In reviewing the decision of the issuing court, this Court must ensure that the court "had a substantial basis for... conclud[ing] that probable cause exists.'" United States v. Oropesa, 316 F.3d 762, 766 (8th Cir. 2003) (quoting Gates, 462 U.S. at 238-39). Because reasonable minds may differ on whether a particular search-warrant affidavit establishes probable cause, the issuing court's determination is accorded great deference. United States v. Wajda, 810 F.2d 754, 760 (8th Cir. 1987) (citing United States v. Leon, 468 U.S. 897, 914 (1984)).

The DNA seizure warrant at issue here contains ample evidence to establish probable cause for issuance of the DNA seizure warrant. The application recites a confidential reliable informant's ("CRI") description of a heroin distribution system operated by an identified person who used two runners to distribute drugs. As stated in the application, the CRI identified a specific apartment address frequently used by co-Defendant Darnell King, and the CRI also identified specific vehicles used by King and the runners to facilitate drug transactions. Pursuant to police surveillance, individuals matching the physical descriptions of the runners, as provided by the CRI, were observed exiting the apartment residence and entering a Chevy Malibu identified as one used by the runners, and thereafter the runners were observed conducting drug transactions. In addition, the CRI purchased heroin from the runners in a controlled drug buy. The warrant application states that the runners were later identified as co-Defendants James Pernell Thomas and Latese C. Hudson, and that they were observed leaving through the back door of the apartment immediately prior to execution of a warrant to search the residence. The warrant application further states that the runners entered a Ford Explorer after leaving the residence and fled when police attempted a vehicle stop. Defendant Hudson was apprehended and taken into custody after the vehicle pursuit. Meanwhile, the apartment search resulted in the seizure of two handguns, heroin, and cash.

In this instance the Court finds that the DNA seizure warrant was properly issued under a totality of circumstances whereby Defendant was apprehended and arrested for a drug offense and firearms had been inferentially connected to Defendant through observation of him arriving at and leaving from the location from which the firearms were recovered along with heroin. There was probable cause to believe that Defendant's DNA would provide evidence of a crime. See United States v. Willis, No. 11-13 (DSD/JJK), 2011 WL 1100127 at *3 (D. Minn. March 14, 2011), and United States v. Hastings, No. 11-25 (RHK/FLN), 2011 WL 2412829, at *12 (D. Minn. May 23, 2011). The warrant in this matter was lawfully issued and there is no requirement for suppression of DNA evidence seized pursuant to the warrant.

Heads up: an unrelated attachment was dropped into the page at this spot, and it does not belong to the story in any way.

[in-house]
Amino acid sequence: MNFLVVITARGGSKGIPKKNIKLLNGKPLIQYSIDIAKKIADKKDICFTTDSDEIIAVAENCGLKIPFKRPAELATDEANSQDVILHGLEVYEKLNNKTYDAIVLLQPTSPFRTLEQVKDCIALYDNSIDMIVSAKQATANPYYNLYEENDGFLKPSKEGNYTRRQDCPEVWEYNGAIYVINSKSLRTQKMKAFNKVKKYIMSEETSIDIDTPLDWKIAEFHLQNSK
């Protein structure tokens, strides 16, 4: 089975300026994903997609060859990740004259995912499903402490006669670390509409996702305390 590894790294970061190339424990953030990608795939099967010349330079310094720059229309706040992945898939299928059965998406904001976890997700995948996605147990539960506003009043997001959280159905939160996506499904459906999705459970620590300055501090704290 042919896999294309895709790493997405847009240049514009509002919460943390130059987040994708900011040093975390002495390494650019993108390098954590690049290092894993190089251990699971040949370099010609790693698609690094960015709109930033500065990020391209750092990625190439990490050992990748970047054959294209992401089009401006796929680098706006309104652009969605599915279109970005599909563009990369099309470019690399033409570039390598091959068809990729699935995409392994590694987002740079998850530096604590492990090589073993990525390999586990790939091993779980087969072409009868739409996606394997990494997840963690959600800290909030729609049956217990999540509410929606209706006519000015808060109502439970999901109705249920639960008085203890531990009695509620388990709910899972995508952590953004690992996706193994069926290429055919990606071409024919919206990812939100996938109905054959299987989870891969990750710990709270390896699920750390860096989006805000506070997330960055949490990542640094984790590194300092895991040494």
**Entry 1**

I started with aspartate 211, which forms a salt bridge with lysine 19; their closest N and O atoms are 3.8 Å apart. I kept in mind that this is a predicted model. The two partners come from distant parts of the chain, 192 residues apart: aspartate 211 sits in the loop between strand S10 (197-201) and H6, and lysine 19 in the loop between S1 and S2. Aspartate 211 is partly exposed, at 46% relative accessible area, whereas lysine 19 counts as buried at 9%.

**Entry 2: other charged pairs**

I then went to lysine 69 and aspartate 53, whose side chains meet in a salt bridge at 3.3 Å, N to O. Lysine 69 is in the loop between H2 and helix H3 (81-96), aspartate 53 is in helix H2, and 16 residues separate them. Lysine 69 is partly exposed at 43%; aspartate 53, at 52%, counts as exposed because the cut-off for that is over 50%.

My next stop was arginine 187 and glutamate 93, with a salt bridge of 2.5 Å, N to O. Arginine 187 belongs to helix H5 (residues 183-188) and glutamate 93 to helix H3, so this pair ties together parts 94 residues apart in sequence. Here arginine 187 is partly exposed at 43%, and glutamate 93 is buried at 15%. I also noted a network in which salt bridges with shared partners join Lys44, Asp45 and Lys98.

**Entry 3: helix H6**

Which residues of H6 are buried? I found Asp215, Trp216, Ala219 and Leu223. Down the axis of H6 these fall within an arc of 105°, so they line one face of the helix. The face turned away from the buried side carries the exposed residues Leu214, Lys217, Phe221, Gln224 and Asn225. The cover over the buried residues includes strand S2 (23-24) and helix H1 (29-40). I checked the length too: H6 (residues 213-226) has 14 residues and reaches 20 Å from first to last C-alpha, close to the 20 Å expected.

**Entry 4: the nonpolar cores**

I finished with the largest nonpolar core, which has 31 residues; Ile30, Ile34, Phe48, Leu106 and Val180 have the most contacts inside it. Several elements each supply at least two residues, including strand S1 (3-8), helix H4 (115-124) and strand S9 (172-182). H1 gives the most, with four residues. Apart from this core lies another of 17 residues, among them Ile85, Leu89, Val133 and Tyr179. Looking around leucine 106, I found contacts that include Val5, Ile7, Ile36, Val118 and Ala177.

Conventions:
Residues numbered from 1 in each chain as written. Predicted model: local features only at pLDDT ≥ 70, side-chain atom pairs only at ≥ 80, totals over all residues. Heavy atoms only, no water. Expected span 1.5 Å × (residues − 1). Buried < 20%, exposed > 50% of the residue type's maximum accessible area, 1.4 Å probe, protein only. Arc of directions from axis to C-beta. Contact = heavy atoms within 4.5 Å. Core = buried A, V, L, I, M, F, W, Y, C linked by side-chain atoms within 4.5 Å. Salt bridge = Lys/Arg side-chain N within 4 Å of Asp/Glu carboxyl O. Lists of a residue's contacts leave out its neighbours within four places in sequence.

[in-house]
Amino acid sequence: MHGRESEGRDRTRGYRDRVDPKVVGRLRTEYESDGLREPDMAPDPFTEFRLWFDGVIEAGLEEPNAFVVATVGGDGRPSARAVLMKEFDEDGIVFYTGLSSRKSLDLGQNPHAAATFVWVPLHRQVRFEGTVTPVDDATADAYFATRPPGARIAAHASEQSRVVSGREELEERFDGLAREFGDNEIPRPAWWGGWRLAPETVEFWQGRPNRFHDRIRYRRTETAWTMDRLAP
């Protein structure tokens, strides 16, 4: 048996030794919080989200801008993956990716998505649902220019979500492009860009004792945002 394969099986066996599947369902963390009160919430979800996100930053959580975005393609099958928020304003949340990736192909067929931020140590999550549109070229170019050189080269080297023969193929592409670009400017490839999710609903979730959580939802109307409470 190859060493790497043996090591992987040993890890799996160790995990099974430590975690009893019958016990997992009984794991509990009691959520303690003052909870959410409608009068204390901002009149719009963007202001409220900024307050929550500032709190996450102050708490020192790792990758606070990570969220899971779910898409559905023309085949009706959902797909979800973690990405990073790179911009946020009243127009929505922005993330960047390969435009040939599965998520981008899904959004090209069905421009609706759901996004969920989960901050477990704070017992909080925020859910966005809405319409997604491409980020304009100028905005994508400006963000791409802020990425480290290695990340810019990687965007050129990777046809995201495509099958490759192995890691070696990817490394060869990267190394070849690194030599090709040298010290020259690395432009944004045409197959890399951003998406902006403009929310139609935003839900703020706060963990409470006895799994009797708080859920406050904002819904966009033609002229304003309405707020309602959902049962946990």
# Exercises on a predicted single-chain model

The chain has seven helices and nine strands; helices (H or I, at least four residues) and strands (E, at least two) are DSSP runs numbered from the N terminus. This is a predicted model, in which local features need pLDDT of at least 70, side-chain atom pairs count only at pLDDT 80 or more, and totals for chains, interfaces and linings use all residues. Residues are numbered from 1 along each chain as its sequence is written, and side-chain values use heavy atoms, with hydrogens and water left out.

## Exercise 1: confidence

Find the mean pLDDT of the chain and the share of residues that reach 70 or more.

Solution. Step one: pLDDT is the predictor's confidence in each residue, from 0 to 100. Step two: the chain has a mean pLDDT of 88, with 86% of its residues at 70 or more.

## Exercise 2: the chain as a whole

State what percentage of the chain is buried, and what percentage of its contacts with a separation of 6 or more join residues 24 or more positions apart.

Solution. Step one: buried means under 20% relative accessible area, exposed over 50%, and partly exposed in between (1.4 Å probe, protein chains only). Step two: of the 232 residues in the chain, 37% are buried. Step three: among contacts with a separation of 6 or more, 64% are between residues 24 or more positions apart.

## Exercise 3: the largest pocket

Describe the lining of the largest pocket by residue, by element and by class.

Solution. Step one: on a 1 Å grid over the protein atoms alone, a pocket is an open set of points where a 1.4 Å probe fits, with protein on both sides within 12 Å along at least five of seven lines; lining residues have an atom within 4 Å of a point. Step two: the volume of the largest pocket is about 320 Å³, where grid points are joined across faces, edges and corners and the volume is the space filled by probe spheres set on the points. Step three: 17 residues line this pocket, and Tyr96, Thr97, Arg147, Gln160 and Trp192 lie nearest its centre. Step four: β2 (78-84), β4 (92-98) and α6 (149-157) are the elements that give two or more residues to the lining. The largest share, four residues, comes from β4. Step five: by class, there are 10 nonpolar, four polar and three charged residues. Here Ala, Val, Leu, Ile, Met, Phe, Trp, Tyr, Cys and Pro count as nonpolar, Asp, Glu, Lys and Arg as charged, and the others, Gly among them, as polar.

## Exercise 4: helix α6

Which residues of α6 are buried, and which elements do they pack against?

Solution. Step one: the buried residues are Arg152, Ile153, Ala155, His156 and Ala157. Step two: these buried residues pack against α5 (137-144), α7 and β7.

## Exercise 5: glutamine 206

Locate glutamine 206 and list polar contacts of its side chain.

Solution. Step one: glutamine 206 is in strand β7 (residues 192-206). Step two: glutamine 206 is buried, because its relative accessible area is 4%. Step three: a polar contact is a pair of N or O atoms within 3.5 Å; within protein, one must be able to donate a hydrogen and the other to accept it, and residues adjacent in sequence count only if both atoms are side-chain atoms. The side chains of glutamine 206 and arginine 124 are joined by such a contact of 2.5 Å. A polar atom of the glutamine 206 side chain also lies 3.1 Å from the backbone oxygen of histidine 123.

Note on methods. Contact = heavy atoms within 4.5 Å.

Good Faith. In any event, this Court concludes that the good faith exception under United States v. Leon, 468 U.S. 897 (1984), applies with respect to execution of the DNA seizure warrant. "[A]bsent allegations that the [issuing judge] was not neutral, suppression is appropriate only if the officers were dishonest or reckless in preparing the affidavit or could not have harbored an objectively reasonable belief in the existence of probable cause." United States v. Formaro, 152 F.3d 768, 771 n.4 (8th Cir. 1998) (quoting Leon 468 U.S. at 926). There is no claim in this matter that the issuing judge was not neutral, and there has been no request for a hearing or review under Franks v. Delaware, 438 U.S. 154 (1978), to consider whether the affidavit contains deliberate or reckless misrepresentations, either by omission or misstatement. Formaro, 152 F.3d. at 771.

Defendant argues that the good faith exception does not apply because DNA had not been recovered from a seized firearm; officers could not have known whether such DNA evidence would be obtained for comparison purposes; and the issuing judge likely would not have signed the warrant had he known that there was no comparison DNA. Leaving aside the question of whether the existence or nonexistence of a gun sample would have even entered into the issuing judge's probable cause assessment, Defendant offers no evidence of officer misconduct that might be deterred in the future by declining to apply the good faith exception to the warrant requirement in this instance. See Herring v. United States, 555 U.S. 135, 137 (2009) (stating that the question of suppression turns on the culpability of the police and the exclusion of evidence to deter wrongful police conduct). The warrant here simply contains no indicia of an absence of good faith in regard to either the application for or execution of the warrant.

Based on the foregoing Findings and Conclusions, this Court makes the following:

RECOMMENDATION

The Court hereby recommends that Defendant Latese Capree Hudson's Motion to Suppress Physical Evidence be (Doc. No. 42) denied.